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A report released Thursday by the National Academies of Sciences, Engineering and Medicine outlined nearly 100 conclusions about the benefits and harms of cannabis on a range of public health and safety issues.Fred Lum/The Globe and Mail

A new U.S. government-funded report showing clear evidence cannabis is an effective remedy for those with chronic pain underscores the need for more research into how marijuana can help fight the deadly opioid crisis ravaging North America, according to one of Canada's leading pain researchers.

A report released Thursday by the National Academies of Sciences, Engineering and Medicine outlined nearly 100 conclusions about the benefits and harms of cannabis on a range of public health and safety issues. Drawing on studies published since 1999, the report by the federal advisory panel stated that marijuana can almost certainly ease chronic pain and might help some people sleep, but it may also raise the risk of developing schizophrenia and trigger heart attacks.

It ended with a call for more scientific information about cannabis so that health-care professionals and policy makers can make sound decisions because the current lack of evidence "poses a public health risk."

Mark Ware, a McGill pain researcher and vice-chair of Canada's recent federal panel on marijuana legalization, said one of the biggest takeaways from the new report, which he reviewed before publication, is that new research must now be funded to see whether cannabis can pare down the use of some opioids, a class of legal and illicit painkillers that has led to an ongoing crisis that has killed hundreds of Canadians over the past year.

"So far it's an association that's been reported on between states that have legalized cannabis and reductions in opioid mortality and use of other medications," Dr. Ware said in a telephone interview Thursday. "How can the medical cannabis sphere overlap with the opioid epidemic?

"Those associations need to be explored urgently."

Last year, data from Veterans Affairs showed fewer Canadian veterans have sought prescription opioids and tranquilizers in recent years, while at the same time prescriptions for medical marijuana have skyrocketed.

Jeff Blackmer, vice-president of medical professionalism at the Canadian Medical Association, echoed Dr. Ware's call for more research into the subject, noting federal funding into more cannabis research in general is expected after the Liberals introduce legislation legalizing the drug this spring.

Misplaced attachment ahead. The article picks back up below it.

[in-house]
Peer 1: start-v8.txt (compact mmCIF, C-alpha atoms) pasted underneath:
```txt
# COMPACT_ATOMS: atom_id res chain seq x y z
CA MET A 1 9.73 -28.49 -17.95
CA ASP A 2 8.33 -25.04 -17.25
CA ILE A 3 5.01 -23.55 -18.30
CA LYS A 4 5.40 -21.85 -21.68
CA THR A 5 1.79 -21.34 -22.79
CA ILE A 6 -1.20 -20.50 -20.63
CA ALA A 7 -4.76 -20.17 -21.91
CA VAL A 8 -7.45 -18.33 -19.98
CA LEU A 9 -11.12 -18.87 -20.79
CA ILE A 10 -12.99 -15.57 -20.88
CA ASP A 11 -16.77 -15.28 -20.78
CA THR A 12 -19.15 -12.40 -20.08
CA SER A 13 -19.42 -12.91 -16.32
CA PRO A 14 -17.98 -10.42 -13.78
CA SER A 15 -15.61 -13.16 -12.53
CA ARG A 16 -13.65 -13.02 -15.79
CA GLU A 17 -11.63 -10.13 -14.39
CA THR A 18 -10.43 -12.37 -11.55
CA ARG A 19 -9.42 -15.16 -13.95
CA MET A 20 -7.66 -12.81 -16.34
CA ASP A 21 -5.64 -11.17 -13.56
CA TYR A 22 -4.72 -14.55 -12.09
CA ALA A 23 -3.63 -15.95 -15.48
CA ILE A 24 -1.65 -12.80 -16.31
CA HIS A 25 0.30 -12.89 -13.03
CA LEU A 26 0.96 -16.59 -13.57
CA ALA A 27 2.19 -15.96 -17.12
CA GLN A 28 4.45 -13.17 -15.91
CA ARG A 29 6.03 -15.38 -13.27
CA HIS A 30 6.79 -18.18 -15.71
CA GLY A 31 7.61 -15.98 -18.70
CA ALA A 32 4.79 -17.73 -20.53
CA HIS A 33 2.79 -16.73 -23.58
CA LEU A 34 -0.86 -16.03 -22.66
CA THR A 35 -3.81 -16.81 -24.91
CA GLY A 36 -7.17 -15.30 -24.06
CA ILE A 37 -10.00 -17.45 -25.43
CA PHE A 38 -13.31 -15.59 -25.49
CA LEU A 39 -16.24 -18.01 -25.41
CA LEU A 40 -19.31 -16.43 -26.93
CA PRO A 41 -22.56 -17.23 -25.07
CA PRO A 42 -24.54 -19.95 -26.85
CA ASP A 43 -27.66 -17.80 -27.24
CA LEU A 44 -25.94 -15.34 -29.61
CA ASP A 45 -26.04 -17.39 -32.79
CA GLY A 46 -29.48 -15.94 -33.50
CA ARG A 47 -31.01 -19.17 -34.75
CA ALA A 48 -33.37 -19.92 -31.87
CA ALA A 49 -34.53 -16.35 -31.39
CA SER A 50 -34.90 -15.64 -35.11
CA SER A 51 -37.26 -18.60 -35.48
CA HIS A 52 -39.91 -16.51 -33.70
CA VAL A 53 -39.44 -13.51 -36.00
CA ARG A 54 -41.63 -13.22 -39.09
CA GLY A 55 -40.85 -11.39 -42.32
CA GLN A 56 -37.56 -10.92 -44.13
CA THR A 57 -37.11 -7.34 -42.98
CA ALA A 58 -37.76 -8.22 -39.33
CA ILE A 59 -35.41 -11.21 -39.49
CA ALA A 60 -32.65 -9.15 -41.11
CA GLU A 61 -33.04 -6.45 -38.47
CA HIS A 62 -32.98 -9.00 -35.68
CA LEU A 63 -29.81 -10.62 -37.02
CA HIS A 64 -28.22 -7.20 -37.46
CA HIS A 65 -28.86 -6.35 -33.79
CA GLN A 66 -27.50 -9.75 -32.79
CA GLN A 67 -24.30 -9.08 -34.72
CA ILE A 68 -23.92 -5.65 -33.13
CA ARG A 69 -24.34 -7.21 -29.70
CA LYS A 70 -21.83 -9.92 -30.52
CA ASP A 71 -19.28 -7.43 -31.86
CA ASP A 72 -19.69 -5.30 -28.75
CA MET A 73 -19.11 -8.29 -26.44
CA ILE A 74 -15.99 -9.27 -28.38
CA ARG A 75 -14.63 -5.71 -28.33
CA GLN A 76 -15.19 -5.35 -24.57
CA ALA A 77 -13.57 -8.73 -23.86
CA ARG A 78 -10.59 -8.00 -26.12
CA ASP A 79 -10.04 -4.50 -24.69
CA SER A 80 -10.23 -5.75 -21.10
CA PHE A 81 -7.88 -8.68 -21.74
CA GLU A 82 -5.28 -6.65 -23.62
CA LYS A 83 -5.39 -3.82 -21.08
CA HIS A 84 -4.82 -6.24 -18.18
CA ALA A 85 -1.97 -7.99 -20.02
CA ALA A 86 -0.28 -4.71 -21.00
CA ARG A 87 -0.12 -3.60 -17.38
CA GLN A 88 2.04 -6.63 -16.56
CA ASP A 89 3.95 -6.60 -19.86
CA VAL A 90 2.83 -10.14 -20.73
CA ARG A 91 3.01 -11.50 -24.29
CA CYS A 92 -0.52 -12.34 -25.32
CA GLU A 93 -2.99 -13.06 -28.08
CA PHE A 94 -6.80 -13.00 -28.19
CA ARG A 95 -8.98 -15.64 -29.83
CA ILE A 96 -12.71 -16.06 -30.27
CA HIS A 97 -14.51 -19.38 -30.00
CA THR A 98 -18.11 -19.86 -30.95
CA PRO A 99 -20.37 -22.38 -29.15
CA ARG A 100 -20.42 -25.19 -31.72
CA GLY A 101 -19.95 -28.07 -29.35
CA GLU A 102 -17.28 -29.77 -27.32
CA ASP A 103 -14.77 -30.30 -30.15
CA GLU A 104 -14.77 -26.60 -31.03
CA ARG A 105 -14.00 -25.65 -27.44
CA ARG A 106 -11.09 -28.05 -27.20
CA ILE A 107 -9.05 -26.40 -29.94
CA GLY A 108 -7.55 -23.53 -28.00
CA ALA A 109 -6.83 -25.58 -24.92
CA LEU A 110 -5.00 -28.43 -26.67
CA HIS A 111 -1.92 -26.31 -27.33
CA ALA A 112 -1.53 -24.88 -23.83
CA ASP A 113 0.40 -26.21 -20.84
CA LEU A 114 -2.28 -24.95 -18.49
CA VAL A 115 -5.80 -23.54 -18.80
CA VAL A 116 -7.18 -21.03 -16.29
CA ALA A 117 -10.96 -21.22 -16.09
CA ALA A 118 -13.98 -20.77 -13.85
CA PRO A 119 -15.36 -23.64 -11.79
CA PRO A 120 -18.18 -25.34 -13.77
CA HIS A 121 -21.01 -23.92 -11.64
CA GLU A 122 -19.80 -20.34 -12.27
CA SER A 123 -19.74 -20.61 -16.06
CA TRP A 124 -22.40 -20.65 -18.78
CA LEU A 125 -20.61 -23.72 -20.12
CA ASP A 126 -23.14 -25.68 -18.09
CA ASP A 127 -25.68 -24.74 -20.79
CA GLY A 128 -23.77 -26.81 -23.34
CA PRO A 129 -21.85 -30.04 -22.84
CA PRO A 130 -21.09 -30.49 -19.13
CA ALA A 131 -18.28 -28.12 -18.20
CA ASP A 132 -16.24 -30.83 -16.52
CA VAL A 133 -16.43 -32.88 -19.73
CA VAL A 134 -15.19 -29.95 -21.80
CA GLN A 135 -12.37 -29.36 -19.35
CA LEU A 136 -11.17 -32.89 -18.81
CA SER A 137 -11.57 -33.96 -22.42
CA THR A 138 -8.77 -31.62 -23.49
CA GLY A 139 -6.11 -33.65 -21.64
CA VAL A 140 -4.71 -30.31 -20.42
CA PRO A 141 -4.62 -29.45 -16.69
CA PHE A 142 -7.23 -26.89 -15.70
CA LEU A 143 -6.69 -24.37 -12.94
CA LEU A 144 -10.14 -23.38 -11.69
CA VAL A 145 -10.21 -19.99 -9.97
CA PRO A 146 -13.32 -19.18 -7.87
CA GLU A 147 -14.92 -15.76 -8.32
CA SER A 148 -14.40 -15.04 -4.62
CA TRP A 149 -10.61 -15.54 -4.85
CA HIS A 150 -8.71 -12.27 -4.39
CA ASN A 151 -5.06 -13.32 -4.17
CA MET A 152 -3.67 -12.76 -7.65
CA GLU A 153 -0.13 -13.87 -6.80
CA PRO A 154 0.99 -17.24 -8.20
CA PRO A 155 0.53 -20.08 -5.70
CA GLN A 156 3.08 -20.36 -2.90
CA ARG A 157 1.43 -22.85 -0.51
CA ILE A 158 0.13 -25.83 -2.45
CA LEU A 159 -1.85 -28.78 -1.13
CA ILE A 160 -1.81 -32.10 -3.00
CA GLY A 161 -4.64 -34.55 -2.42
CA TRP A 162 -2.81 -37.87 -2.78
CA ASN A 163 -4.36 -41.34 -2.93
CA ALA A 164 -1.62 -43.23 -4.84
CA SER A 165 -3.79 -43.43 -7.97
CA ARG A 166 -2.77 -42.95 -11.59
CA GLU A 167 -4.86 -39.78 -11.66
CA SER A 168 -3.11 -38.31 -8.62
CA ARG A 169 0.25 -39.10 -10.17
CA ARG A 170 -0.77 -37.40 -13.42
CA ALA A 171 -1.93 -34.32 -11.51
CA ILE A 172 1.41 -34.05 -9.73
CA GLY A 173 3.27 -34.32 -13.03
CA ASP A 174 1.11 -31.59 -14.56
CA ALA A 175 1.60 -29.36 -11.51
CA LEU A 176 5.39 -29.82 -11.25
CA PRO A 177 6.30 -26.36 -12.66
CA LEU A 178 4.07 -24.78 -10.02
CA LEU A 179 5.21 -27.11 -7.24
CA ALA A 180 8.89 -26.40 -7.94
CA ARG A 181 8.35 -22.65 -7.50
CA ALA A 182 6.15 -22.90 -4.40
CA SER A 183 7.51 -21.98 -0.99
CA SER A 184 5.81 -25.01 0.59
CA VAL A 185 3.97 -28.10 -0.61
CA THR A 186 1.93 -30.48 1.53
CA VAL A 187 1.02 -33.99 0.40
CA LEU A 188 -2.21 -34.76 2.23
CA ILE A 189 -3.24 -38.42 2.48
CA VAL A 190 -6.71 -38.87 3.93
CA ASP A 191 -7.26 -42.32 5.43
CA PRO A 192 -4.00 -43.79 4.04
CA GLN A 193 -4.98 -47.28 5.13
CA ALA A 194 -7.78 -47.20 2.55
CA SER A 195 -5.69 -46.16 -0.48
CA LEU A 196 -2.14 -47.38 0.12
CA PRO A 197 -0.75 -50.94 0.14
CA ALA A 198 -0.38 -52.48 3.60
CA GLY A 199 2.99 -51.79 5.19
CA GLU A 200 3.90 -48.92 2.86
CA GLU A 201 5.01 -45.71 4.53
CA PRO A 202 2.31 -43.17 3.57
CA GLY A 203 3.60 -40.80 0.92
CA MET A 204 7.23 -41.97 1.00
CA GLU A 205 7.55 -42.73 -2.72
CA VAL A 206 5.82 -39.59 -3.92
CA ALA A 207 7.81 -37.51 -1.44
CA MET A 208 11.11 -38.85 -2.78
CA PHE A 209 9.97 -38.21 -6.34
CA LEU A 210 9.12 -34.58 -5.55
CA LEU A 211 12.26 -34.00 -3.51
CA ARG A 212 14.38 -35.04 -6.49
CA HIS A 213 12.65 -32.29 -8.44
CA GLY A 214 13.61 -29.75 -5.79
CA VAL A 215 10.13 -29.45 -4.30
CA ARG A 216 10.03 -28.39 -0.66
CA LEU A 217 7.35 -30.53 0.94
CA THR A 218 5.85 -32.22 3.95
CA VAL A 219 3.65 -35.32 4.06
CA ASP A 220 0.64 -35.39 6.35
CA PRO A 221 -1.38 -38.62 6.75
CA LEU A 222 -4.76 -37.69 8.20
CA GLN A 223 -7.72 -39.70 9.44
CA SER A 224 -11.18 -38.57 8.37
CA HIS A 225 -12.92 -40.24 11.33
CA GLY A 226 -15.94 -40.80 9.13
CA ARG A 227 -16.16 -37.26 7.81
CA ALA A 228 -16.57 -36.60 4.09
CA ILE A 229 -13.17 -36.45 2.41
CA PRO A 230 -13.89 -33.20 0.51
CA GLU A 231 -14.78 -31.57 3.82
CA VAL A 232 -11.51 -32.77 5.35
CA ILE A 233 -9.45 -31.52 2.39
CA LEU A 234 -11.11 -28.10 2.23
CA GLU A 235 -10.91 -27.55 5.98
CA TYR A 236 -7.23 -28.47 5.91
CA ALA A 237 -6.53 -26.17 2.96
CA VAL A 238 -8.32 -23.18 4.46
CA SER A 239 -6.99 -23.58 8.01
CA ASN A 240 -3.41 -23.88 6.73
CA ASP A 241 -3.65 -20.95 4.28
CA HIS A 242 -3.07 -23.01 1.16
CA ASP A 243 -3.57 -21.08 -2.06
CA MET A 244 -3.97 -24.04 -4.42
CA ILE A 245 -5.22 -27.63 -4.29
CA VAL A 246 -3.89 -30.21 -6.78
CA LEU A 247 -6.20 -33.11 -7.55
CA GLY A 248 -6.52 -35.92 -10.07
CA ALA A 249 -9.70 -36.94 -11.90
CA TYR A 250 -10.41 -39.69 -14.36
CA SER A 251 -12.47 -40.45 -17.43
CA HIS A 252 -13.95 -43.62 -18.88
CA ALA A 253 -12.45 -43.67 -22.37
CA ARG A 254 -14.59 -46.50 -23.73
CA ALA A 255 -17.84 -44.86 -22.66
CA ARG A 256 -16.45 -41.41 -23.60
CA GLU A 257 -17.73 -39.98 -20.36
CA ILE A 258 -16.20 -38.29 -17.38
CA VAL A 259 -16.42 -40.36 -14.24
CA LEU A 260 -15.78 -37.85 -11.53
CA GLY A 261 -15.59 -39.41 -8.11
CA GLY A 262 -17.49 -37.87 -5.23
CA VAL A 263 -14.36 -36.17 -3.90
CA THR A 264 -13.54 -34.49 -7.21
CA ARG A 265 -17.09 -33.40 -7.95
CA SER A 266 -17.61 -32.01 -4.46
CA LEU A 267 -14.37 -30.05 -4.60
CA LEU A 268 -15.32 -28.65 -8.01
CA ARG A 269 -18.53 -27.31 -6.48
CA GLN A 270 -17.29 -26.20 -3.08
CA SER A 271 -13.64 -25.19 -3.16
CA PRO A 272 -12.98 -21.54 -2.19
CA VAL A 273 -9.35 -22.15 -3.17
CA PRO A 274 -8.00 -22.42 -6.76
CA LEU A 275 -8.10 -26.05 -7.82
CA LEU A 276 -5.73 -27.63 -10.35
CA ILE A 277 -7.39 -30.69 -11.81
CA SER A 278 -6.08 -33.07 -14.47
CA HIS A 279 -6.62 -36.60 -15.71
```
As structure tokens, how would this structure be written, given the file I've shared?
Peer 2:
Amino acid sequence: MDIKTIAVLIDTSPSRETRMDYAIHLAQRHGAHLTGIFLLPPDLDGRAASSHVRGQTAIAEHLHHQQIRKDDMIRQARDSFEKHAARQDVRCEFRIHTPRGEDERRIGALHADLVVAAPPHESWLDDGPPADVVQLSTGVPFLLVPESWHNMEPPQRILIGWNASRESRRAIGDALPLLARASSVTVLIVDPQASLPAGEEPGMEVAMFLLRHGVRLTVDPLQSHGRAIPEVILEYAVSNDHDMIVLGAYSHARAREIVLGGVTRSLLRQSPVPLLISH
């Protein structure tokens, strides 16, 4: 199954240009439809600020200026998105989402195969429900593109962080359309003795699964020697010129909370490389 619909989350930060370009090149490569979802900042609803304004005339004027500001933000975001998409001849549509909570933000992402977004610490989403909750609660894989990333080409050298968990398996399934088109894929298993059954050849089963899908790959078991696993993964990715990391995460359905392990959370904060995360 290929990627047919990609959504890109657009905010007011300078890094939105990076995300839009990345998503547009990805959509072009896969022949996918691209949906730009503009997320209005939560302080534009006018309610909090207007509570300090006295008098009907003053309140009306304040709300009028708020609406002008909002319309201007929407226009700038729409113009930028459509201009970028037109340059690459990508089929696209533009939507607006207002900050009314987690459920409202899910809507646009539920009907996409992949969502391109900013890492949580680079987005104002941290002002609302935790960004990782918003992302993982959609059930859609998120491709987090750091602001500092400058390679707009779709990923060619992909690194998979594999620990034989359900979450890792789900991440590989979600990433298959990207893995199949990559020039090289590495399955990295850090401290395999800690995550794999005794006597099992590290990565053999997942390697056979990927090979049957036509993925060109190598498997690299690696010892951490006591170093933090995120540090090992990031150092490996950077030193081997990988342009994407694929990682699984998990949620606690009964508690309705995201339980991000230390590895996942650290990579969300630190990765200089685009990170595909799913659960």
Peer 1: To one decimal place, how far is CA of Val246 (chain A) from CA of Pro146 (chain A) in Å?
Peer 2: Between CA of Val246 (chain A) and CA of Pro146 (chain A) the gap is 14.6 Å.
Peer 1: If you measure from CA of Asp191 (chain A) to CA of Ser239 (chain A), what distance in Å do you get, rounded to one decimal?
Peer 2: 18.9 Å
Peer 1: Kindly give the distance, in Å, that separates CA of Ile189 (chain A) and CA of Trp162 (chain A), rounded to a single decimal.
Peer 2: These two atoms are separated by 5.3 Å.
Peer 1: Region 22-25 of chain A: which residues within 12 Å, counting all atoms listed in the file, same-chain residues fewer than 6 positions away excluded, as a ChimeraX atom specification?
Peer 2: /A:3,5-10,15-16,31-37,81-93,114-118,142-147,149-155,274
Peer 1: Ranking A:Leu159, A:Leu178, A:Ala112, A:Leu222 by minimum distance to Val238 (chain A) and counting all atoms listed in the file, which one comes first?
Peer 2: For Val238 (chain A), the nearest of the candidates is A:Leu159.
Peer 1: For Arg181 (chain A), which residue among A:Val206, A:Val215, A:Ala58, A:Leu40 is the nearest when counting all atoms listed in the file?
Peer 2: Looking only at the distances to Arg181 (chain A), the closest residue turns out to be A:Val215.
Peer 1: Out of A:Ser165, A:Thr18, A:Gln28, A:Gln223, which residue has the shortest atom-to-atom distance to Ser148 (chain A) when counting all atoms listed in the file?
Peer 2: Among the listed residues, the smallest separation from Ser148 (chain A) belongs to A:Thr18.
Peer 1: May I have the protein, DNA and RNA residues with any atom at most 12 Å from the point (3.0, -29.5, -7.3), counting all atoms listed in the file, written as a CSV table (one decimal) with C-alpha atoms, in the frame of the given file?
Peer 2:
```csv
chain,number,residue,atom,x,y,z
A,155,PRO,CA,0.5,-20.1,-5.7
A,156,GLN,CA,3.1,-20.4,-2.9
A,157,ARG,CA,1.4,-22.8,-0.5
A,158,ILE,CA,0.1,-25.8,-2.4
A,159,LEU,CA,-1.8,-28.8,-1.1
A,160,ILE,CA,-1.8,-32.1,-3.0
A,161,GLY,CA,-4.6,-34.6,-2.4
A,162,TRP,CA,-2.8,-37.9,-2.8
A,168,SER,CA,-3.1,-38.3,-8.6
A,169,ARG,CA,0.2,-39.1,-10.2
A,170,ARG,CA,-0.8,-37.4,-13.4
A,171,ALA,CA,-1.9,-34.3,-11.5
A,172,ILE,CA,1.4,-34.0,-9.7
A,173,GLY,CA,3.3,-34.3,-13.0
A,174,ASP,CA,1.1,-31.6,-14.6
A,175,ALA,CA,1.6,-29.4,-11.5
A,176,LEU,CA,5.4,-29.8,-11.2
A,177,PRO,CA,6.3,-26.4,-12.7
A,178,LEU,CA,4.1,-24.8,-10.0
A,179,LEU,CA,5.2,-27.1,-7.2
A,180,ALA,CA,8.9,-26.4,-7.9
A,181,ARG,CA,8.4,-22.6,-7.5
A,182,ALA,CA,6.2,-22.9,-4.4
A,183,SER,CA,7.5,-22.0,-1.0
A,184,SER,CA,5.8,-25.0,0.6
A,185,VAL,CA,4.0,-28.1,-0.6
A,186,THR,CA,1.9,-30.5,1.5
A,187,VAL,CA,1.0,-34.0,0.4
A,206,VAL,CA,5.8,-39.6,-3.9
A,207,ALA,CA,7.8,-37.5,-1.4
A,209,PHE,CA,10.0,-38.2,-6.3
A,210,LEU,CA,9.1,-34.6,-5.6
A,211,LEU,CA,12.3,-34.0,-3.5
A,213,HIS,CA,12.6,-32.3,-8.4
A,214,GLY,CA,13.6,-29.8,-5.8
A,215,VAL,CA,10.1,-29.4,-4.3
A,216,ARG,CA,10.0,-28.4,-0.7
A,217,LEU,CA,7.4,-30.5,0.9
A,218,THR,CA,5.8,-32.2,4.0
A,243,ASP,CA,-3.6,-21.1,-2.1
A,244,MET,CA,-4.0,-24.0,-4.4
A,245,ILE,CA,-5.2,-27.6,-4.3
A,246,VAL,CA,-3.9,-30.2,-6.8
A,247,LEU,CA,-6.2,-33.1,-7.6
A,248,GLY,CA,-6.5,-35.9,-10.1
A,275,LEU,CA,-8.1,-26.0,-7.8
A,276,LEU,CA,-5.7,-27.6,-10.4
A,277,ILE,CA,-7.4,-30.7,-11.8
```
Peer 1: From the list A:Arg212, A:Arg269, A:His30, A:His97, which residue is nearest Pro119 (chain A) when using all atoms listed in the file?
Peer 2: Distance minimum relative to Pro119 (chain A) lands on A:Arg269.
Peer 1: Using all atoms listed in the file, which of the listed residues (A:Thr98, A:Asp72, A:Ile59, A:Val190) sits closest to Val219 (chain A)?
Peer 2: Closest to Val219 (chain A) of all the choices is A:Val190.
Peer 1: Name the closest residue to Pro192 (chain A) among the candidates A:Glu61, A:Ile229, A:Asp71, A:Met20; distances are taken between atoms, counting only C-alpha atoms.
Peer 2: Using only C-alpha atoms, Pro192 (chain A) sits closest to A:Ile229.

"There's a lot of discussion about the substitution therapy [of cannabis for opioids] and, again, the challenge for physicians is: There is no evidence or very little evidence," said Dr. Blackmer.

Dr. Blackmer, who works half a day each week at the Ottawa Rehabilitation Centre treating people with spinal-cord injuries and multiple sclerosis, said at least half of his patients have asked him for a marijuana prescription. He said he rarely prescribes cannabis because he has a host of concerns about the lack of evidence surrounding the drug, including how it could react with other medications and its effect on driving.

For marijuana users or those considering it, "there's very little to guide them" on amounts and health risks, said Dr. Marie McCormick of the Harvard School of Public Health, who headed the committee behind the report.

Committee members cautioned that most conclusions are based on statistical links between use and health, rather than direct demonstrations of cause and effect.

The review found strong evidence that marijuana and similar compounds ease nausea from chemotherapy, with varying degrees of evidence for treating muscle stiffness and spasms in multiple sclerosis.

Limited evidence says marijuana and its chemical analogues can boost appetite in people with HIV or AIDS, and ease symptoms of post-traumatic stress disorder, the report concluded. But it said there's not enough research to say whether they're effective for treating cancers, irritable bowel syndrome, epilepsy or certain symptoms of Parkinson's disease, or helping people beat addictions.

Turning to potential harms, the committee concluded strong evidence links marijuana use to the risk of developing schizophrenia and other causes of psychosis, with the highest risk among the most frequent users.

There is a strong indication that using marijuana before driving increases the risk of a traffic accident, but no clear link to workplace accidents or injuries, or death from a marijuana overdose. There is limited evidence for the idea that it hurts school achievement, raises unemployment rates or harms social functioning.

With a report from The Associated Press

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